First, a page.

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COLUMNS BY
Dr. Bill Austin



What Is Your Bread?

The Power of Quiet Time

Growing The Bottom Line

When

What’s It Like to Retire?

Creating a Safe Relationship

Disease and Relationships

Trying to De-Stress

Stress Reduction

Empathy

Your Dog Can’t Swim

What kind of listener do you want me to be?

Dealing with Criticism

Run Your Own Race, Part II

Run Your Own Race

The Next Chapter in Our Lives

Creating New Normals

Beating the Holiday Blues

Emotional Triggers

“You’re with yourself, so you might as well enjoy the company” —Diane Von Furstenburg

The grace of forgiveness

Trying to blend a blended family

The Umbrella Story

How Disease Impacts A Relationship

Overcoming the Holiday Blues

Talking Dog for Sale

Trying to Blend a Blended Family

The Worst Beating I Ever Took

“It’s my fault!”

You had it last!

It's All About Me!

The grace of forgiveness

Cooling the brain

Life's Puzzle-Box Top

Simon Says

Unenforceable Rules

Stone Face

It's All About Me!

You Lost That Loving Feeling

Don't Tell Me What To Do

Do it now

No Opportunity to Repair

The Umbrella Story

How Do We Express Our Love?














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Professional Columns -
Relationships by Dr. Bill Austin





STRESS REDUCTION

We are all acquainted with stress. We experience stress driving on our roadways, in our marriage, at work, and with our schedules. Some stress is necessary, but too much is harmful. Drs. Thomas Holmes and Richard Rahe developed a scale for measuring stress in terms of 43 "life events" at the University of Washington School of Medicine. The top three were: death of a spouse, divorce, and marital separation. There were other events that we might not think were stressors, such as vacation, church activities, and a number of family gatherings.


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Each event had a numerical value. For instance, death of a spouse carried a numerical value of 100. If, after adding up the values, the subject had a score of 300 or more, it meant they had an 80 percent of becoming seriously ill. Today, the current thought is that most of us living in this world have a stress count way pass 300. We need to find ways of dealing with stress because we can become ill if it is left unattended.

Think of stress like stretching a rubber band. The band can only be stretched beyond its designed limit a few times until finally it breaks. We are like that rubber band. When stretched beyond our limit, we have to find a way to relieve the tension or our health breaks down.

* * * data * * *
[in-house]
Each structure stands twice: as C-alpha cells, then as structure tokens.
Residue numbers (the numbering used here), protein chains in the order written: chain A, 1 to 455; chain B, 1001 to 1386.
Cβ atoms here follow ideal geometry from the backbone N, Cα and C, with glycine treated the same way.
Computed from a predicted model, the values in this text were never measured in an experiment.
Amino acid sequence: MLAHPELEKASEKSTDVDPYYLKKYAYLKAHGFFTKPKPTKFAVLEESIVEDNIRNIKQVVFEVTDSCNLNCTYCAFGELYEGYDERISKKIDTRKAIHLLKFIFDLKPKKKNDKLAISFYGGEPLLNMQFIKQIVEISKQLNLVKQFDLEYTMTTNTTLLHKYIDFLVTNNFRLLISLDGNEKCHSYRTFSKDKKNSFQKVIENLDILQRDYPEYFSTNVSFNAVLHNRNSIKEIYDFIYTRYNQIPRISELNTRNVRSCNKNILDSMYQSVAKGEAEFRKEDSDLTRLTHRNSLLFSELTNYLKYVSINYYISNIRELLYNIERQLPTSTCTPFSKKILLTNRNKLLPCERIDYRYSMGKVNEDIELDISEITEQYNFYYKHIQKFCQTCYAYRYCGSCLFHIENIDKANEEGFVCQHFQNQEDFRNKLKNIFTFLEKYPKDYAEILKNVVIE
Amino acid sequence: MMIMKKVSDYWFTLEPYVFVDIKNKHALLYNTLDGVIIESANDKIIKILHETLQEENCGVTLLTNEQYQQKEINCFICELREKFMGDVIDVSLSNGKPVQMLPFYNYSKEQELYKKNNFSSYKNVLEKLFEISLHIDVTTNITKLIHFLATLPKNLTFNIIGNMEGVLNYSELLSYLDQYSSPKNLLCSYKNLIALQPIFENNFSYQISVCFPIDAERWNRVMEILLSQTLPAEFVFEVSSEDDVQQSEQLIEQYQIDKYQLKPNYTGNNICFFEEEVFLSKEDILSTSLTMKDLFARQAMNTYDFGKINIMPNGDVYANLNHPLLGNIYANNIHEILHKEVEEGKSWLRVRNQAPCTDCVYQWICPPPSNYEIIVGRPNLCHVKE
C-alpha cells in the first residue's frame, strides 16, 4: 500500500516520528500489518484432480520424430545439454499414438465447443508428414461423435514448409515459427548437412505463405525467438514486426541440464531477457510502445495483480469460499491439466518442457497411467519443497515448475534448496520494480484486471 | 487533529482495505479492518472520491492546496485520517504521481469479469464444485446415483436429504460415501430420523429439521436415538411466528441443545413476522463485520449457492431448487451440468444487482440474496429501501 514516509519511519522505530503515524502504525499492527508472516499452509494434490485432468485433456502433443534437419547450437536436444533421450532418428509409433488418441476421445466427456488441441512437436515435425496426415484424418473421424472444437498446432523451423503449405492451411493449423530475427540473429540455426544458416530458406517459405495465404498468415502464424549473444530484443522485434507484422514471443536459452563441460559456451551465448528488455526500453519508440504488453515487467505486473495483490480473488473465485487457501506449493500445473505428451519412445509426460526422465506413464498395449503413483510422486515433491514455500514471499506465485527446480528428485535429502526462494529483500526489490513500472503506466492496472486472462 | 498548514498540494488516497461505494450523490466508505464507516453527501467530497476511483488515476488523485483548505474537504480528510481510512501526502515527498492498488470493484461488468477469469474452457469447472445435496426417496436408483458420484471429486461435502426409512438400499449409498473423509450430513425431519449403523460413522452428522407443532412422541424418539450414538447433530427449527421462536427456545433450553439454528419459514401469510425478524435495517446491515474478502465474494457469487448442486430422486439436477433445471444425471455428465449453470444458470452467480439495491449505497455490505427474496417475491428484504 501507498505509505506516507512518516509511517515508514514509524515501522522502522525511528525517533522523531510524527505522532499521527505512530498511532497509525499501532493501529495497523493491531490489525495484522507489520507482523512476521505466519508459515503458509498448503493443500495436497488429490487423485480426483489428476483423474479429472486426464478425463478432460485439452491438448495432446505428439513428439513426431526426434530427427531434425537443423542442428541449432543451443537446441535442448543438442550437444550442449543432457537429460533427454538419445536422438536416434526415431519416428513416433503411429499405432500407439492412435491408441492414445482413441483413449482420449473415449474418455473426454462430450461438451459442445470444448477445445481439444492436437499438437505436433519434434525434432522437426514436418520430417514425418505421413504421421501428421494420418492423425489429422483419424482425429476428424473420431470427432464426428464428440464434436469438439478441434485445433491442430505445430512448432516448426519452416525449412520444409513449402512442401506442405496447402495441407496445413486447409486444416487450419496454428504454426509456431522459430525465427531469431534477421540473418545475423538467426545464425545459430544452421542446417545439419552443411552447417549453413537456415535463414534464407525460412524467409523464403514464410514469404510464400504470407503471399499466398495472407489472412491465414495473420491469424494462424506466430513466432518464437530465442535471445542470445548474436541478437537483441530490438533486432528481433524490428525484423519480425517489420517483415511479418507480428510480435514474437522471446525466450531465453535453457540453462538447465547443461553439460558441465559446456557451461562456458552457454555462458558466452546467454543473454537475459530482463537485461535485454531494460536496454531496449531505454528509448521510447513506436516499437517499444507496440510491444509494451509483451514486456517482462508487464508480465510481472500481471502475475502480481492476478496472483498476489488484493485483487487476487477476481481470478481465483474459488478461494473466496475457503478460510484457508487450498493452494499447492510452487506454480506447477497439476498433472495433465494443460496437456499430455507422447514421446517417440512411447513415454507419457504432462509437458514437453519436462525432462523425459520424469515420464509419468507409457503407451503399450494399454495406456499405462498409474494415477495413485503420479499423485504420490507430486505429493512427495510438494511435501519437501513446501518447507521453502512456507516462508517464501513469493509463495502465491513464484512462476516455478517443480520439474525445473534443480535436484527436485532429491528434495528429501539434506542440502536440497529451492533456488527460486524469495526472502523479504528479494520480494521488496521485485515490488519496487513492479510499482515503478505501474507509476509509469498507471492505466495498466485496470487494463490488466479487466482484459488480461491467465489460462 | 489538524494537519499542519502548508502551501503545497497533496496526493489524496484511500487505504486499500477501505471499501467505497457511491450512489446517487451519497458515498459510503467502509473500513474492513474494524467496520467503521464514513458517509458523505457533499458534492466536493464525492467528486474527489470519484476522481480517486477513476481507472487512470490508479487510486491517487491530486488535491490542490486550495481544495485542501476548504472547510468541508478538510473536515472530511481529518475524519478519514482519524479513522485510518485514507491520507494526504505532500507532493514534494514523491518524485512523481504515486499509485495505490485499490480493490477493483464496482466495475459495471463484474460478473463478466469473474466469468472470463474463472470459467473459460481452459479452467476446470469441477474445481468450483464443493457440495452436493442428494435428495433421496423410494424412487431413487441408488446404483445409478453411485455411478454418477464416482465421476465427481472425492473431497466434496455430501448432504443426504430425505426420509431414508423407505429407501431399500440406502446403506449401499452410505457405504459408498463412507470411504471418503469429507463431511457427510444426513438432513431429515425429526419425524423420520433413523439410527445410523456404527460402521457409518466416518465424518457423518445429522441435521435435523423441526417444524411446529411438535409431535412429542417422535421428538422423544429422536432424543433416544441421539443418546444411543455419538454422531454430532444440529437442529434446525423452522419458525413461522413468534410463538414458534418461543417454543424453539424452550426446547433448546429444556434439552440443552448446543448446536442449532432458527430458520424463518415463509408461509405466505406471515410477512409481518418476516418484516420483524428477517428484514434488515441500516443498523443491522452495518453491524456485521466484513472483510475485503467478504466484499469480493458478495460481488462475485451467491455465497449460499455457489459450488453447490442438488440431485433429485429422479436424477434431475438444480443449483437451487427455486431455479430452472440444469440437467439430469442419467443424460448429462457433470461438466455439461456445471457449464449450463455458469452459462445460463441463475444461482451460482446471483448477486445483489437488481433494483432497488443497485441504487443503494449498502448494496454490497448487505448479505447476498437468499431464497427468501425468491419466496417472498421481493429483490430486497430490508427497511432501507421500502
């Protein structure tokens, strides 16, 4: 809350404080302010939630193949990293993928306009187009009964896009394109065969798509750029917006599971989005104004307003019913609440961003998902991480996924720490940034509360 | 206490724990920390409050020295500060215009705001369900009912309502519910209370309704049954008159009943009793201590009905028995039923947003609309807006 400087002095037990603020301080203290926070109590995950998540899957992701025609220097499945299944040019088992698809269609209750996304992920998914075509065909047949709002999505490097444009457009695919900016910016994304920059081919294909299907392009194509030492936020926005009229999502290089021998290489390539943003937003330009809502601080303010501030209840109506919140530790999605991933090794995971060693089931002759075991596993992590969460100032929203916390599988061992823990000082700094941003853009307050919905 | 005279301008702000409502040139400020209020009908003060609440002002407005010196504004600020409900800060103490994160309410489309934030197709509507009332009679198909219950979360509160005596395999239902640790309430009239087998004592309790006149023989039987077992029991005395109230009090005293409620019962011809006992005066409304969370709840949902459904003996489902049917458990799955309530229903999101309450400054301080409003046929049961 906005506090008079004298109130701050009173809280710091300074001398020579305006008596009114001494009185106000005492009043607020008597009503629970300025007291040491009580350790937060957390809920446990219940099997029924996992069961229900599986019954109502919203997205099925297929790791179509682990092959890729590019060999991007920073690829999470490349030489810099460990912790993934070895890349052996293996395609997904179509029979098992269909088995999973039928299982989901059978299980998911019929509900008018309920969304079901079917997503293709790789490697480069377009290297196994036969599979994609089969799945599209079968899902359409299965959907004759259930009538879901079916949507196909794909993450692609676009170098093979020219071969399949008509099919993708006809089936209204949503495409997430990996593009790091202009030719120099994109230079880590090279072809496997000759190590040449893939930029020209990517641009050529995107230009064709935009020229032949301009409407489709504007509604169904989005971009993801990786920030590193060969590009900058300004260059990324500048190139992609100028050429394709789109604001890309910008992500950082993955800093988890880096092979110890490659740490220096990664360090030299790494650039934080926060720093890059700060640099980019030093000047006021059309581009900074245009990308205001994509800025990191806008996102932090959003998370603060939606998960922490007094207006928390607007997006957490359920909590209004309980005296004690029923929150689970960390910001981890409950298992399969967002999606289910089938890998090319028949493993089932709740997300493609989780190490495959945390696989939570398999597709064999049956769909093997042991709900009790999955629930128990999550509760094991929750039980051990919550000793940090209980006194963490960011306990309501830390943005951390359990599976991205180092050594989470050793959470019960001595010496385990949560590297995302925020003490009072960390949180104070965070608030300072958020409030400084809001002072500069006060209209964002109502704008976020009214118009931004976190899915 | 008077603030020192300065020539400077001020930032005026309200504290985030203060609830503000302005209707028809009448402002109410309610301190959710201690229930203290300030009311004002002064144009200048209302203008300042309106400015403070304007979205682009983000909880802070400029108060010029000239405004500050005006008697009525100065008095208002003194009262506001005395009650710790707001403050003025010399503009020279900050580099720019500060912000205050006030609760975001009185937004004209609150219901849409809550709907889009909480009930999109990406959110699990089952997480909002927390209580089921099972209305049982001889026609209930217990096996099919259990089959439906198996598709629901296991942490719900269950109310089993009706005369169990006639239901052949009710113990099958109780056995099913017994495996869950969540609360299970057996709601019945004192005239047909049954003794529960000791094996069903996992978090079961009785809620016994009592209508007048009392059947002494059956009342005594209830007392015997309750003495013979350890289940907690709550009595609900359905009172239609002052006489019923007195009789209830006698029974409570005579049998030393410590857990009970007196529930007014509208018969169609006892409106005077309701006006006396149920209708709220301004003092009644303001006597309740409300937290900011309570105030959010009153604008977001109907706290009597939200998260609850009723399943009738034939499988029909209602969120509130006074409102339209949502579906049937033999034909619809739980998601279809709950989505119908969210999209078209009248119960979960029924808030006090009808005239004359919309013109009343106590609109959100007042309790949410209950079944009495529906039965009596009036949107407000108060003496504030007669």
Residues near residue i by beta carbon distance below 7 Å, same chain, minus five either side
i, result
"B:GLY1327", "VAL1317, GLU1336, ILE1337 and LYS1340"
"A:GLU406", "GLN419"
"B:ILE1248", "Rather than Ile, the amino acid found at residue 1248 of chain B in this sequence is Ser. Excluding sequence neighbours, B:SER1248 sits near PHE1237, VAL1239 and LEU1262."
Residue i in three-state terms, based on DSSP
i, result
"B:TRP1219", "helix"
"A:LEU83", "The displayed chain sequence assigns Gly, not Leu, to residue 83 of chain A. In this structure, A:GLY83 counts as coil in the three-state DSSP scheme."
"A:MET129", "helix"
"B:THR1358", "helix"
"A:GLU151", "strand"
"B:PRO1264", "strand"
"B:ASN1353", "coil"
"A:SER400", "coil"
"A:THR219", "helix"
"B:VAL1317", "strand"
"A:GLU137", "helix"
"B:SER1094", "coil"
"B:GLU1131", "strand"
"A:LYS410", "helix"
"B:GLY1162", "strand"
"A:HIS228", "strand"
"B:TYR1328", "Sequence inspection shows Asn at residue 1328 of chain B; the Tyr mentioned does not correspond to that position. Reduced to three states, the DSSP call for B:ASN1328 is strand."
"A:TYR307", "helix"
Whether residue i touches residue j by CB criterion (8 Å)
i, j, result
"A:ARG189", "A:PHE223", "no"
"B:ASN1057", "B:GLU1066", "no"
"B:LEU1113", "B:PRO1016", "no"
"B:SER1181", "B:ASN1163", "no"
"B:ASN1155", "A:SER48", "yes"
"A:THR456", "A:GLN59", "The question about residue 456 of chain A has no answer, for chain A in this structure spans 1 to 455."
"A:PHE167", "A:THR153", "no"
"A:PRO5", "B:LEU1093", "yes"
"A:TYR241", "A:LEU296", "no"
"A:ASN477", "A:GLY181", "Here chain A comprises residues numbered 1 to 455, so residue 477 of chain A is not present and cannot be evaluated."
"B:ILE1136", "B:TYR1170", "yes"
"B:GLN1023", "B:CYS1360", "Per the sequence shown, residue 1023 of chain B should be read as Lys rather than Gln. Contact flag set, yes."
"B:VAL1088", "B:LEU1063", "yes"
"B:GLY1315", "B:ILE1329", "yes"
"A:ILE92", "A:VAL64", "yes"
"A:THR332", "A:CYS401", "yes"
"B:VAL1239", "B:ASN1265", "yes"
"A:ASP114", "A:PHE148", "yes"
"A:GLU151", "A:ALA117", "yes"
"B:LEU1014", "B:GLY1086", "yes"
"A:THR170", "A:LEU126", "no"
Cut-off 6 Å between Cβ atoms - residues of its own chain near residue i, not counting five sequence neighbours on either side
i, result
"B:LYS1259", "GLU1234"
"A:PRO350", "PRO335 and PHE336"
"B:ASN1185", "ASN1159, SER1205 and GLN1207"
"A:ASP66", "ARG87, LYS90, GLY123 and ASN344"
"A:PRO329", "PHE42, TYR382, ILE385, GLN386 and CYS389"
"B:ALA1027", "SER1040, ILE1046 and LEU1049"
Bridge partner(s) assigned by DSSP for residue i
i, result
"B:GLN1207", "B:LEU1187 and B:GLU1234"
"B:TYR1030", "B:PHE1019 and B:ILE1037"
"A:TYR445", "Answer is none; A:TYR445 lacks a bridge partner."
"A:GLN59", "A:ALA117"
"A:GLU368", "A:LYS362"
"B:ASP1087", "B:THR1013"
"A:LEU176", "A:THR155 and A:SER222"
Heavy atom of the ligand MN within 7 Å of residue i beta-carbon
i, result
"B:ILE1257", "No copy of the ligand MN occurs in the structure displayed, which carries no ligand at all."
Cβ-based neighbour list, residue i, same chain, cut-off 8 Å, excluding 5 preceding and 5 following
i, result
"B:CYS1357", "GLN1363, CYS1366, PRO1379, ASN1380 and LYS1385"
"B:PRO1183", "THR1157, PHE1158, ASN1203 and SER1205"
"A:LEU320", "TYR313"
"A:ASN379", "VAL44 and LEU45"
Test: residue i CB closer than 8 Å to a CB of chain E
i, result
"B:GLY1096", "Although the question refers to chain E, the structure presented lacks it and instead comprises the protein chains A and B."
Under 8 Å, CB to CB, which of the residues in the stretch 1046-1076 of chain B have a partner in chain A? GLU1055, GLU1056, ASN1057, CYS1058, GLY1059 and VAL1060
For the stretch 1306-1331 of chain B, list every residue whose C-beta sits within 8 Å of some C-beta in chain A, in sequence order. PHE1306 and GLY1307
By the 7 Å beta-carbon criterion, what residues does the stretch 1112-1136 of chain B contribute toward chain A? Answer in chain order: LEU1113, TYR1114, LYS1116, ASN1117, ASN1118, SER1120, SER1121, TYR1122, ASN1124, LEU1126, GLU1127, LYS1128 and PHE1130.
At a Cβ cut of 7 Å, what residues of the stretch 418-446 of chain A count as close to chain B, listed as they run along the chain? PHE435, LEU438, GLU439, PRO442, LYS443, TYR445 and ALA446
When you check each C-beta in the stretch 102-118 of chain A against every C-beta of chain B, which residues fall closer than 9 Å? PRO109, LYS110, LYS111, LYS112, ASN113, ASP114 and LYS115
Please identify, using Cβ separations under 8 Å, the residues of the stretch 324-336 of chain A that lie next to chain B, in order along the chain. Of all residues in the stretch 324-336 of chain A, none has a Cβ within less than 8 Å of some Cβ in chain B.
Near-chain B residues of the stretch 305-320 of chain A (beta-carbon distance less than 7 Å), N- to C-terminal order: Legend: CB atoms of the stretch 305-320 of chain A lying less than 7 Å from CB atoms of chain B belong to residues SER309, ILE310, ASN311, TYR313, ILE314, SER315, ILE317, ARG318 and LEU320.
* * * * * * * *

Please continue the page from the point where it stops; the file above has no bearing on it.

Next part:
Think of stress like stretching
a rubber band. The band can only
be stretched beyond its designed limit
a few times until finally it breaks.
We are like that rubber band.

There are several things we can do to reduce the stress we make for ourselves.

1) Learn to plan: We all have known people (or we may be that person) who waits to the last minute to put an activity together. For example, we may wait to the last hour before putting things together for our child’s birthday party. We start to panic. Frantically, we run around trying to get things done. We find ourselves uptight and yelling so everyone in our home feels our tension and stress.

Time management can be a major stressor. Some of us do not structure our time so we always seem to run late for appointments. If we are the type of person who hates being late, we find ourselves uptight and driving like crazy to get to our destination.

Conclusion: Disorganization and putting projects off to the last minute leads to stress.

Advice: plan ahead and get organized.

2) Recognize and accept limits: There are those of us who have a difficult time, saying, "no." There are several reasons for our not saying "no." If we are people-pleasers, we have difficulty saying "no" because we want to make everyone like us and make them happy. When we have too many projects, we experience stress because we feel overwhelmed.

If we are perfectionists, we set impossible expectations. Everything has to be perfect and every project, no matter how small, becomes a major job.

Advice: make reasonable and attainable goals and expectations.

We will continue next month with what causes stress and how to deal with it.




Dr. Austin has decades of experience dealing with relationships. He charges clients on a sliding scale according to their ability to pay. His first book, Creating Our Safe Place: Articles on Healthy Relationships, was published in 2004. His second book, Keeping It Safe, was published in 2009 and can be purchased through amazon.com, publishamerica.com, and at the Parrish Book Store in Virginia Beach.  He is also a sought-after speaker at meetings and seminars.

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